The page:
In the SecureML paper, one can assume that two non-colluding servers can run secure two-party computation protocol based on secret sharing with the help of a third party (client). The client would send correlated randomness to the servers in offline phase, which can accelerate the computation in online phase, e.g. multiplication using Beaver's multiplication triplet. I'm wondering how the security of this type of secure two-party computation is defined. Is it secure if one of the servers and client collude? Since the client knows the information about all the correlated randomness, does it incur some security flaw if that happens?


1 Answer 1


This is the so-called Common Reference String (CRS) model, or Correlated Randomness model. A good reference to it is the paper On the Power of Correlated Randomness in Secure Computation.

Secure multiparty computation (MPC) can be expensive (in terms of computational or communication complexity) when a trusted party (the one doing all the computation in secrecy) doesn't exist. Secure MPC is easy when a central trusted party can execute all in secrecy, but this is what everybody doesn't want.

With the CRS we have an interesting model: the creator of the randomness is usually a trusted party. But, this trusted party can be unaware of the computation the parties intend to execute. So the model separate who knows the joint randomness, and who execute the computation. And by supposing a CRS, we can reach secure MPC at a low price. Therefore, the belief that the CRS can't be compromised is a cornerstone of the model: it doesn't compute, but if it leaks the randomness, everything falls flat.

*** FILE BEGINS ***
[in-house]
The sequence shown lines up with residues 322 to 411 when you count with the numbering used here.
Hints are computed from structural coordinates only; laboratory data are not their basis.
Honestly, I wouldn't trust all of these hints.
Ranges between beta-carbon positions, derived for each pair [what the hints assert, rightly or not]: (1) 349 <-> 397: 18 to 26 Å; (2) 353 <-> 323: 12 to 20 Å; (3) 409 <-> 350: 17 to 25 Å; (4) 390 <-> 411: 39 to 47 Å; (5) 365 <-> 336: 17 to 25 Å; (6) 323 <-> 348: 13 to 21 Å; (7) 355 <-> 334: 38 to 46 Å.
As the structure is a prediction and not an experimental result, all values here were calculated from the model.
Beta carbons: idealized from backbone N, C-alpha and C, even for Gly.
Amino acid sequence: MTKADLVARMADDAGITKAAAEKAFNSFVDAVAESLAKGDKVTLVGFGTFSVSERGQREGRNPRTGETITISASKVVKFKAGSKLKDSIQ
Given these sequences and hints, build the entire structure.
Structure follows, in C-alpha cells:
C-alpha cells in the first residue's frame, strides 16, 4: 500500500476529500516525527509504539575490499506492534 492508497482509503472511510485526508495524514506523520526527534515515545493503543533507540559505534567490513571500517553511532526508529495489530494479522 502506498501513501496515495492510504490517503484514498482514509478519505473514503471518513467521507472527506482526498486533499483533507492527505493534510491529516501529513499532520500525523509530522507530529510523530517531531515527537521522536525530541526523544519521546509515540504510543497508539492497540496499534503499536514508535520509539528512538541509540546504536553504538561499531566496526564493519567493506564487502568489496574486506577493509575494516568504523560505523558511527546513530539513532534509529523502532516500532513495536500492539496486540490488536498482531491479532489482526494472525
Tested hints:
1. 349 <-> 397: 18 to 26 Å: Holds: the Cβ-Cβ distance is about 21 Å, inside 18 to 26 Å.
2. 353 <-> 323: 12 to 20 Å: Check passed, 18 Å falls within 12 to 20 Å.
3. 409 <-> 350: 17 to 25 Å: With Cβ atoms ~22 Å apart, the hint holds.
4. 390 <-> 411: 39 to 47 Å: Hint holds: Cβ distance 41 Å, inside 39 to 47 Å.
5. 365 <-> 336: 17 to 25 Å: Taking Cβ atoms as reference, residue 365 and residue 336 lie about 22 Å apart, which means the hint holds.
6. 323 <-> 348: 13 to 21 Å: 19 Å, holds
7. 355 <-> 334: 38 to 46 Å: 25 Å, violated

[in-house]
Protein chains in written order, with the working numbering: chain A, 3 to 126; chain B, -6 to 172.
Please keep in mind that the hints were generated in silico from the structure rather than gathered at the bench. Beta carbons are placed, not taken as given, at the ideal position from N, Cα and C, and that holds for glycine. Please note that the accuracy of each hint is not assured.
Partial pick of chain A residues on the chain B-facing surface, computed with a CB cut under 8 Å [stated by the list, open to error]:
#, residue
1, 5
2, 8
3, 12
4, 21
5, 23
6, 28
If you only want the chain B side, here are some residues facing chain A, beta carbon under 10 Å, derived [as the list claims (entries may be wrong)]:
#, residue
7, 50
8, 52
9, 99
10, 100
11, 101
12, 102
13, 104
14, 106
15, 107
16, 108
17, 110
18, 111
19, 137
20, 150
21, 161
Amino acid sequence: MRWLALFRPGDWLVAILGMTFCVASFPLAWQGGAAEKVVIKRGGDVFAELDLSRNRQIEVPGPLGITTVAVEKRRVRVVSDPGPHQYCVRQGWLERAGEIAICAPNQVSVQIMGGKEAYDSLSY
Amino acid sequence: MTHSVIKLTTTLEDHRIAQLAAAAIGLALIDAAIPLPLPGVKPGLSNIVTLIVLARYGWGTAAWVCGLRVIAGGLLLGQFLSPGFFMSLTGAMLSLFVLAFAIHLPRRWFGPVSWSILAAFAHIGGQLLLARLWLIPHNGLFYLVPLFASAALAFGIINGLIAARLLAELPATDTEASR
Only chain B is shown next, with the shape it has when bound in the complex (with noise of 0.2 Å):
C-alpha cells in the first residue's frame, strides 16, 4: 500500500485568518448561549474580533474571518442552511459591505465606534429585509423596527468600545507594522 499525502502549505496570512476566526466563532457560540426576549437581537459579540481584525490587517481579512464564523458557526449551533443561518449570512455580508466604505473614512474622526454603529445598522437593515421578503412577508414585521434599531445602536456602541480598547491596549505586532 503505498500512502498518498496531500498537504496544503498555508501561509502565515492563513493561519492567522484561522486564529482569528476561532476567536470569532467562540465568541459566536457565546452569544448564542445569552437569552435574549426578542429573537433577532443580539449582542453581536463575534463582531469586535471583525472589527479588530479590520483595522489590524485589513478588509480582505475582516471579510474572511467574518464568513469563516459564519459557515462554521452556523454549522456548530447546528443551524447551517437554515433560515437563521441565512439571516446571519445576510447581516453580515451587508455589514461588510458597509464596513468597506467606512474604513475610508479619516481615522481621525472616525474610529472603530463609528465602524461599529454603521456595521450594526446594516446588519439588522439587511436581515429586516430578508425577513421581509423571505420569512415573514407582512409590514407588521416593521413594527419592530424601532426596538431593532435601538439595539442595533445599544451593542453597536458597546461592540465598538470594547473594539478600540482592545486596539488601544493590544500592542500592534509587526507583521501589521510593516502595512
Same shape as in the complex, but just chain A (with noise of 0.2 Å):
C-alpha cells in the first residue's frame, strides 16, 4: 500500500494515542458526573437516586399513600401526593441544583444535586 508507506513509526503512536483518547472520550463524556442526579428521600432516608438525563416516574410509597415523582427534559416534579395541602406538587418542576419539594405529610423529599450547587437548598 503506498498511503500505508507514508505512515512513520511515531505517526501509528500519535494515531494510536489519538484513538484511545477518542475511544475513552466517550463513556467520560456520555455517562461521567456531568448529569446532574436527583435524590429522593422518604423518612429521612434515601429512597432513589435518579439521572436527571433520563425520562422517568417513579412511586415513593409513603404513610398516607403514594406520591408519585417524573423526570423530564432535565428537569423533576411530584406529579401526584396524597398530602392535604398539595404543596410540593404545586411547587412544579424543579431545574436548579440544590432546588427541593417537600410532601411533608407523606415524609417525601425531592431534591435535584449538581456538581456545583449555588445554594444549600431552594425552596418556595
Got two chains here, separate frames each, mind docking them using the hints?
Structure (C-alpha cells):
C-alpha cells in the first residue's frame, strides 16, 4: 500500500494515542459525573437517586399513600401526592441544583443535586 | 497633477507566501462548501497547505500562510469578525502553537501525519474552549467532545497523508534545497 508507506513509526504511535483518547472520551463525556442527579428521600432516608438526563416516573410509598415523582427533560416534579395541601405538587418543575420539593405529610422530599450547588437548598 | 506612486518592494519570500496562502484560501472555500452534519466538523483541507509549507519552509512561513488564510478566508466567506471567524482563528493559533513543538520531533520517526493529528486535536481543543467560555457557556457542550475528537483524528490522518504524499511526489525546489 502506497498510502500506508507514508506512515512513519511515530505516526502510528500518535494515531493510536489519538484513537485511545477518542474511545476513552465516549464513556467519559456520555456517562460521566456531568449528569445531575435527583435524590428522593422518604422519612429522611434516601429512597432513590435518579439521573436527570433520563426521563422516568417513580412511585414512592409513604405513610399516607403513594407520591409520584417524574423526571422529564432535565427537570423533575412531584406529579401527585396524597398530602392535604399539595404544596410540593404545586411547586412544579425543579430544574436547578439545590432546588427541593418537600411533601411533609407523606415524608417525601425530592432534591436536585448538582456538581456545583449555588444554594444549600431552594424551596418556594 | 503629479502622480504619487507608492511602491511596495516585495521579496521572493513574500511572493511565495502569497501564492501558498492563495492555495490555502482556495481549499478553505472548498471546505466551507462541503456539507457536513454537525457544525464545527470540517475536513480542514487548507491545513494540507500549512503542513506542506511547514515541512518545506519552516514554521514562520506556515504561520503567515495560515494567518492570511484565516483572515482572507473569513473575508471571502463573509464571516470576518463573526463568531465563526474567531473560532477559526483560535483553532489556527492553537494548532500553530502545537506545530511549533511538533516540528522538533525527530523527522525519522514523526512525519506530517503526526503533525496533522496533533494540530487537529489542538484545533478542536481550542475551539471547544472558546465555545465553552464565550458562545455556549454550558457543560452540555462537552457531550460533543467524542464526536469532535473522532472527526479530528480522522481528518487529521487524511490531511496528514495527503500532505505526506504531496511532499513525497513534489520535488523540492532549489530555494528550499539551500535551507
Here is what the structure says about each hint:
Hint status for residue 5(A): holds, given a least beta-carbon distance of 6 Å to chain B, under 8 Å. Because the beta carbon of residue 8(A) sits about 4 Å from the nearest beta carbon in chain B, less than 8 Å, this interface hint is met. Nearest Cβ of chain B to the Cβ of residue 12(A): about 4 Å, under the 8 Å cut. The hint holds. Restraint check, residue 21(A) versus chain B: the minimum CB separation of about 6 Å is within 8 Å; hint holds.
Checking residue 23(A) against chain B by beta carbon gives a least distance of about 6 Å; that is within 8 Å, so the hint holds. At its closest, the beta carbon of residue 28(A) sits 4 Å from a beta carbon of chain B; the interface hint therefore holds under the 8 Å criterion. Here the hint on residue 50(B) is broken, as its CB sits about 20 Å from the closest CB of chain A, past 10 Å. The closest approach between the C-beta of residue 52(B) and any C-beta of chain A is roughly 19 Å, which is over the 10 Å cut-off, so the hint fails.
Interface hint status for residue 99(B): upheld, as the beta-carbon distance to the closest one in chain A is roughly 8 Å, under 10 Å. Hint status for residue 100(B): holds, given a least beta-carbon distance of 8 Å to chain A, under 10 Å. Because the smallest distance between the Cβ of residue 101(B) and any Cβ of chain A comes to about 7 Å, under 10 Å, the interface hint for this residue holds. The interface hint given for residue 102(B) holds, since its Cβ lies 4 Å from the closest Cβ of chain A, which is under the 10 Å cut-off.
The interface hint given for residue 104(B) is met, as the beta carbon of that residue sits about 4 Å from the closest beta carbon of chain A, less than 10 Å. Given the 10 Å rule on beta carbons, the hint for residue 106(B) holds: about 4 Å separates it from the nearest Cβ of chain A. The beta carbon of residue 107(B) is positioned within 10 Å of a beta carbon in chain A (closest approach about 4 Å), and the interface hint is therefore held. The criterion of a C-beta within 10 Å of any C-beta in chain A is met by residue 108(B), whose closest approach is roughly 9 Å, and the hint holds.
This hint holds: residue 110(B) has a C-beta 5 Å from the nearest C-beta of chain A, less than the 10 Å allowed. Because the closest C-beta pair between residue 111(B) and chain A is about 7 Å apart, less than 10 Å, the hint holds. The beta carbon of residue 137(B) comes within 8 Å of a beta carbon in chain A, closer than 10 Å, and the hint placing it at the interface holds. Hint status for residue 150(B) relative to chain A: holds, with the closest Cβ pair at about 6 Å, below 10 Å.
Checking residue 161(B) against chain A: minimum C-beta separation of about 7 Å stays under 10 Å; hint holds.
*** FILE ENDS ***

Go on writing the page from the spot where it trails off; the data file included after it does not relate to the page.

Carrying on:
• $\begingroup$ How can the CRS and the Correlated Randomness model be the same? In the CRS there is a single string sent to all participants, but in the correlated randomness model, each participant should get a string and the other participants should not learn it $\endgroup$
    – Daniel
    Jun 8, 2020 at 13:41
  • $\begingroup$ @Daniel, to be exact, you are correct. In fact, one is an particular case of the other. $\endgroup$ Jun 14, 2020 at 18:27

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